History of the Typewriter

Forfatter: Geo. Carl Mares

År: 1909

Forlag: Guilbert Pitman

Sted: London

Sider: 318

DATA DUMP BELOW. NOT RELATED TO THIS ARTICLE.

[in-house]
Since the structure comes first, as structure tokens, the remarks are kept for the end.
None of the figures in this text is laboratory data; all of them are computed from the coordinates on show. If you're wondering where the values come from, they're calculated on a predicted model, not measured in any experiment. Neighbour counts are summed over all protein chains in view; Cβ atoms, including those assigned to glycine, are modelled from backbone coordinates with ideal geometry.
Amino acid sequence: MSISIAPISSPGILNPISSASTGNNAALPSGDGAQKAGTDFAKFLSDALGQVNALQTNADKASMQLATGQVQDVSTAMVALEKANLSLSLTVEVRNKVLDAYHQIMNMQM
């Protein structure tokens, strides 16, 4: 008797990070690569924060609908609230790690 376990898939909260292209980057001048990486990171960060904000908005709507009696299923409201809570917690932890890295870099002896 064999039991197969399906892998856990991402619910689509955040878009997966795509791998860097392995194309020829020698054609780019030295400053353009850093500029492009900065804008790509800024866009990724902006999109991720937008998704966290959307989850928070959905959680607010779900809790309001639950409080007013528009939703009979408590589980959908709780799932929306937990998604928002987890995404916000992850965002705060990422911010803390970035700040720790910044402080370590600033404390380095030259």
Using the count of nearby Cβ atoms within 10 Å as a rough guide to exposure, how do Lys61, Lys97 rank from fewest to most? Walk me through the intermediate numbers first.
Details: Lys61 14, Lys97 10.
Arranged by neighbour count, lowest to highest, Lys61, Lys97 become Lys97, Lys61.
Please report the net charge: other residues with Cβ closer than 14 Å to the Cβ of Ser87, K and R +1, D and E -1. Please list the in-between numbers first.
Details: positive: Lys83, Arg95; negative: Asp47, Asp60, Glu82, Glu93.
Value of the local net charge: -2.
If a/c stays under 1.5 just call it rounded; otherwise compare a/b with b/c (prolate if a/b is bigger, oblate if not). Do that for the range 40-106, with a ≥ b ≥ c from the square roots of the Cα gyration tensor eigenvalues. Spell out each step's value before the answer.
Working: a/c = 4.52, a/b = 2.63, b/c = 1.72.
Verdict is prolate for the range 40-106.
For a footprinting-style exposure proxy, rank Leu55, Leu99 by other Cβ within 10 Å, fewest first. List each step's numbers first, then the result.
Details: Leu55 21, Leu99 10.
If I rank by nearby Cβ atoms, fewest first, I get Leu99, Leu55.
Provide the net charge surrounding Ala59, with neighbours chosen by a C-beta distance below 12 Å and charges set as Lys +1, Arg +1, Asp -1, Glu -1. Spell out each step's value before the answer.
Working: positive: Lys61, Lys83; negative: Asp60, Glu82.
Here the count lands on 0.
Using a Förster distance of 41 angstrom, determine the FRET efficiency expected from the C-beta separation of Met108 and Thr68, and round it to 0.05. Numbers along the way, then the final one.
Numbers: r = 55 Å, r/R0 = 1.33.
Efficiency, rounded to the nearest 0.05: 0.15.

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— 78 — The pad from which the ink supply was derived was contained in a metal case, which fitted closely round the top plate of the machine and the types, when at rest, lay imbedded in this pad. It is a curious fact, little known to Yost operators of to-day, that in the earlier models, this pad was made in two portions, but this duplex arrangement soon gave way to the single pad. Moreover, it is interesting to note that the earlier models of the Yost were made with a variety of keyboards, that is, the keys were arranged in such ways as to suit old-time operators of the Caligraph, the Hammond, or the Remington, the latter, of course, being in duplicate. Fig. 6i The accompanying sectional view of the type-bar of this early model will interest those who like to know how the machine worked. On the depression of the key, K, the key lever, F, is pressed down at the key end, and, swinging on the central fulcrum shown, is raised at the type-bar end. This movement pushes up the connecting rod, C, causing the type, D, to leave the ink-pad, P. The movement of the type can then be easily followed, as it finds its way to the guide, G. The link-holder, L, is a fixed point, and it is this that gave the machine its peculiar and rapid stroke. The centre-guide has been the subject of a great many discussions. The opposing party say that absorbs power, that is, that part of the force of the blow is dissipated the moment the type comes in contact with the guide, and that consequently, either a heavier blow was necessary than need be to secure a good impression, or that the impression was not perfect. It was considered, also, that ink was taken from the type-face and gathered round the guide, which afterwards found its way on to the